But it is not a claim to be casually dismissed. A darker shadow does indeed now hang over Netanyahu. Until Thursday, it was widely reported that he would face charges of bribery and breach of trust in the investigations against him. But now, the reported allegations have become allegations formally advanced, after two years of investigation and evaluation, by the guardians of Israeli law enforcement. Coming so soon before the public goes to the polls to elect its next government, the official announcement patently impacts the elections. Whether it unfairly skews them is quite another matter. A counter argument can be advanced that not making the announcement, that not informing the public of allegations sufficiently well-founded as to merit an indictment, would have been a far graver abuse of democracy.

Mandelblit has elected to move toward charges with every awareness of the inherent shattering political consequence

Netanyahu now finds himself with a legal mountain to climb. Initially, the prime minister must seek to marshal a defense so credible as to convince Mandelblit — who has overseen the entire investigation, and has elected to move toward charges with every awareness of the inherent shattering political consequence — that he is wrong. That he has misunderstood. That there is no case to answer.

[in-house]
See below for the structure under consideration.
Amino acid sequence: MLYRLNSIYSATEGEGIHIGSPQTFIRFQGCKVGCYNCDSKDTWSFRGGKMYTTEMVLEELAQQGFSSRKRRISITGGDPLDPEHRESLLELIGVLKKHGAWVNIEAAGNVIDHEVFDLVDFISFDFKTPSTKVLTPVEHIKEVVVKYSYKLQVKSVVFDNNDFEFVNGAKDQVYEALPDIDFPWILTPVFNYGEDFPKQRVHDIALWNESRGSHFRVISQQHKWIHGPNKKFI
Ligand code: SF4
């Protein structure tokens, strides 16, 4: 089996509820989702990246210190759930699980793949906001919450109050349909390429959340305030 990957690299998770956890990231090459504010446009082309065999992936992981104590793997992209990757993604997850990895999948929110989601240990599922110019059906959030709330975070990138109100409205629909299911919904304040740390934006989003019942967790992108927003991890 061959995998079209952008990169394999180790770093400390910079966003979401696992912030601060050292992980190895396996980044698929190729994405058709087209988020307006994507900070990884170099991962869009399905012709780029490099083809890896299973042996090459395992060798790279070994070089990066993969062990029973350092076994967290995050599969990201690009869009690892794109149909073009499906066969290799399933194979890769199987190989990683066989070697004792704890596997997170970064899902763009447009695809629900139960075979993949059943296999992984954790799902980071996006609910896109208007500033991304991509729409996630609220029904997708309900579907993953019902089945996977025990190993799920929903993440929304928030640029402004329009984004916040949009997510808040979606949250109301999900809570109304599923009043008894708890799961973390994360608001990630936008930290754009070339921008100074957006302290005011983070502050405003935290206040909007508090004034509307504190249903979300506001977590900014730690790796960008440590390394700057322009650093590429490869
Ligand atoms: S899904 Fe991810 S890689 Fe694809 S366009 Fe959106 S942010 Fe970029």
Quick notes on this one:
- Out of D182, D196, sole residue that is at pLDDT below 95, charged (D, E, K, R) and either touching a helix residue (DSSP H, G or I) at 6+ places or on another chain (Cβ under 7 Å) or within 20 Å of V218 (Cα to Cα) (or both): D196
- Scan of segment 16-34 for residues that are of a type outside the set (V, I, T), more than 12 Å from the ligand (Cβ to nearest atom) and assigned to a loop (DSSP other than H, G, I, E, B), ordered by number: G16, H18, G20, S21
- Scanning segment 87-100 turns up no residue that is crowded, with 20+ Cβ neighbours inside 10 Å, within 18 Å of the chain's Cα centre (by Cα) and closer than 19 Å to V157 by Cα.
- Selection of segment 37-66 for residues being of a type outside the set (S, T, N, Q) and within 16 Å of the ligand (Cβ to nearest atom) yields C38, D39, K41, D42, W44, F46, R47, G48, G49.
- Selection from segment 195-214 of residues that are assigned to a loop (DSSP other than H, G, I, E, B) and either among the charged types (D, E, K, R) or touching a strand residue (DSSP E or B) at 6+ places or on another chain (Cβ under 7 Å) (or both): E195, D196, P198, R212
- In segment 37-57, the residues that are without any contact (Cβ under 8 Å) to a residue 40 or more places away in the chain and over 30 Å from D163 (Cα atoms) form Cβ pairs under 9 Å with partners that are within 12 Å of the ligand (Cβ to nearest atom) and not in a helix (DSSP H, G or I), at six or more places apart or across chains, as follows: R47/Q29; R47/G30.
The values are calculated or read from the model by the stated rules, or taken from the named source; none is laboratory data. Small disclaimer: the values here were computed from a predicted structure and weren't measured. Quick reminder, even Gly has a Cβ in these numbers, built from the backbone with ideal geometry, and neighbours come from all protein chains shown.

Suspects have achieved turnarounds in the hearing process. But it seems wildly improbable in this case, given Mandelblit’s central familiarity with the evidence, and given the concern and caution with which he must have weighed that evidence in deciding to proceed.

If Netanyahu fails to deter Mandelblit, the battle will then move to the courts, and a years-long legal process will ensue.

But the protracted legal battle at the heart of this affair is not the prime minister’s urgent priority. First, there is the political battle — to see off opposition calls for his resignation and to persuade his colleagues, many of them potential rivals, that he remains an asset, a vote-winner, the leader who will secure their political good fortune. To persuade them, in short, that despite the announcement or even because of it, he will secure re-election. Ehud Olmert, it should be recalled, was forced to step down as prime minister in 2008 before an indictment had been served against him — because he had become a political liability. Olmert only went to jail, at the end of an exhaustive legal process, a full eight years later.

Opinion polls indicate that Netanyahu has retained significant personal political popularity throughout the investigation. The Times of Israel’s own latest election poll, carried out this week in the run-up to Mandelblit’s announcement, still found him neck-and-neck with his new rival Benny Gantz as Israelis’ preferred prime minister.

His political challenge in the next few weeks will be to retain that popularity including, crucially, by convincing voters that he is entirely capable of running the country and simultaneously mounting his legal defense.

If support for Likud begins to ebb away, as the ToI poll suggested it will, Netanyahu the politician will be in deep trouble. And then, however improbable this may sound in a country where the words “Benjamin Netanyahu” and “prime minister” have become synonymous, Netanyahu the legal defendant could become a matter for an Israel that has moved on.